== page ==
International Journal of Endocrinology 01/2015; 2015:1-7. · 1.52 Impact Factor
  • [Show abstract] [Hide abstract]
    ABSTRACT: A globus sensation is one of the most common complaints in otolaryngologic clinics, and laryngopharyngeal reflux is the most common cause. However, thyroid nodules also can cause globus symptoms. The purpose of this study was to identify the characteristics of thyroid nodules that cause globus. We selected patients prospectively with a single thyroid nodule on ultrasonograms. Patients with other causes of globus symptoms were excluded using questionnaires, fiber optic laryngoscopic examinations, and a psychiatric screening tool. In total, 175 patients were enrolled. Patients were divided into two groups according to globus symptoms. Ultrasonographic characteristics and clinicopathological parameters were compared between the groups. Among various clinicopathologic and ultrasonographic parameters, size and horizontal location of the thyroid nodule showed significant differences between the groups. Nodules larger than 3 cm and those located anterior to the trachea had a tendency to cause globus symptoms. Regarding horizontal location, nodules that all parts were located anterior to the trachea showed a higher tendency to cause globus symptoms than nodules that only some parts were located anterior to the trachea. In conclusion, thyroid nodules with specific size and location can cause globus symptoms, and this finding can be indicated in patient counseling. Also, conservative treatments or thyroidectomy may be helpful in relieving patients' globus symptoms.
    01/2015;
  • [Show abstract] [Hide abstract]
    ABSTRACT: The exact frequency of non-diagnostic ultrasound-guided fine-needle aspiration (USFNA) is unknown. Clinical guidelines suggest repeating USFNA of these nodules. However, there is no specific recommendation or evidence on how and when this re-aspiration should be done. We aim to describe the approaches considered by endocrinologists to yield the highest likelihood of a satisfactory sample in solid thyroid nodules. A cross-sectional survey of The Endocrine Society (TES) and the American Thyroid Association members was conducted between October and December 2012. A total of 694 surveys were returned, 648 (93.4 %) from TES. The responders were equally divided between private and academic settings and had a high degree of expertise. Thirty-nine percent of respondents estimated the frequency of non-diagnostic USFNA to be above 10 %. For its management, 311 (46 %) recommended repeating USFNA in 1-3 months. For a second non-diagnostic USFNA, 216 (31 %) recommend surgery. The most common approaches to increase the diagnostic yield were (1) use of suction with USFNA, 18 % and (2) changing the targeted area of biopsy within the nodule, 18 %. Few considered the patients' preferences as an important driver for the management of non-diagnostic USFNA. Finally, a molecular test for bypassing non-diagnostic USFNA was regarded as the most needed strategy for future research. Variability exists in the management of non-diagnostic USFNA and strategies to increase the diagnostic yield. Testing the suggested strategies in clinical trials and understanding patient's preferences should be supported by guideline panels and funding agencies.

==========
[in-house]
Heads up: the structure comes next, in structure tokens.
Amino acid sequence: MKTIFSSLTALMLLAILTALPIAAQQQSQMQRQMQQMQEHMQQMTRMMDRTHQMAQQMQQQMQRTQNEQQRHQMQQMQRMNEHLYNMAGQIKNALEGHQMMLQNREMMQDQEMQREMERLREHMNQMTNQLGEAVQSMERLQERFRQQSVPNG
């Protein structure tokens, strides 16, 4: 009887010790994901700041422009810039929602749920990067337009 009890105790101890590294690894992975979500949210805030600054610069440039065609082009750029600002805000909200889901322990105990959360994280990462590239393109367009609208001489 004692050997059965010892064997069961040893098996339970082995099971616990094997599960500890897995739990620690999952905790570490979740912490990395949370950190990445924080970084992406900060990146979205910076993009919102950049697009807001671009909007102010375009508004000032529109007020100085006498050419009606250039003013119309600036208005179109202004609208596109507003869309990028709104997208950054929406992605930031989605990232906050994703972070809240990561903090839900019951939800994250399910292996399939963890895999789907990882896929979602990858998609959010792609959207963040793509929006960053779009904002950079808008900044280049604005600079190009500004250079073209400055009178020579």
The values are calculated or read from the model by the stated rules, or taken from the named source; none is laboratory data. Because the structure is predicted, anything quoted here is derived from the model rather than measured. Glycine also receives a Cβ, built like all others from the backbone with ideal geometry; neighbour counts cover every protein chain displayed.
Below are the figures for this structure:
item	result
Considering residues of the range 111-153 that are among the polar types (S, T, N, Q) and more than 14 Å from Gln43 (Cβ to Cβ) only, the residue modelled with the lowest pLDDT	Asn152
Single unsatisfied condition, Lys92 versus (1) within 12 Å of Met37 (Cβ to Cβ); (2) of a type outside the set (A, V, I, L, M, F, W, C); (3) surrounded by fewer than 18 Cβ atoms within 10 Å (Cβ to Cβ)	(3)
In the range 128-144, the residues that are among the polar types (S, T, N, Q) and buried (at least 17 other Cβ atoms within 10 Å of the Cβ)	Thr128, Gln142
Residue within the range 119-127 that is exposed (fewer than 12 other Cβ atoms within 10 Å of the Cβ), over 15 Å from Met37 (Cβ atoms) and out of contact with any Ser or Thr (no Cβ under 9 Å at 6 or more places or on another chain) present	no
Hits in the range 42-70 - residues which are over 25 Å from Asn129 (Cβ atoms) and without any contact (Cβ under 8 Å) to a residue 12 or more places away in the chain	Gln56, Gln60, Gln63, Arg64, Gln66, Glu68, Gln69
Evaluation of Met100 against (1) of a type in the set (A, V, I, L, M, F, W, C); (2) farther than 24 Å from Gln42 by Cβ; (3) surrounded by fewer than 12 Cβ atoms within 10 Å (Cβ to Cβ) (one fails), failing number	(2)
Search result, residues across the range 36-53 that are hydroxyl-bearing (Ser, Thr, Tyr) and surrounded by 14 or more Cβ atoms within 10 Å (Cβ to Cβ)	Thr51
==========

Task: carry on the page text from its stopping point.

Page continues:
Endocrine. 02/2015;

Full-text (2 Sources)

Download
119 Downloads
Available from
May 26, 2014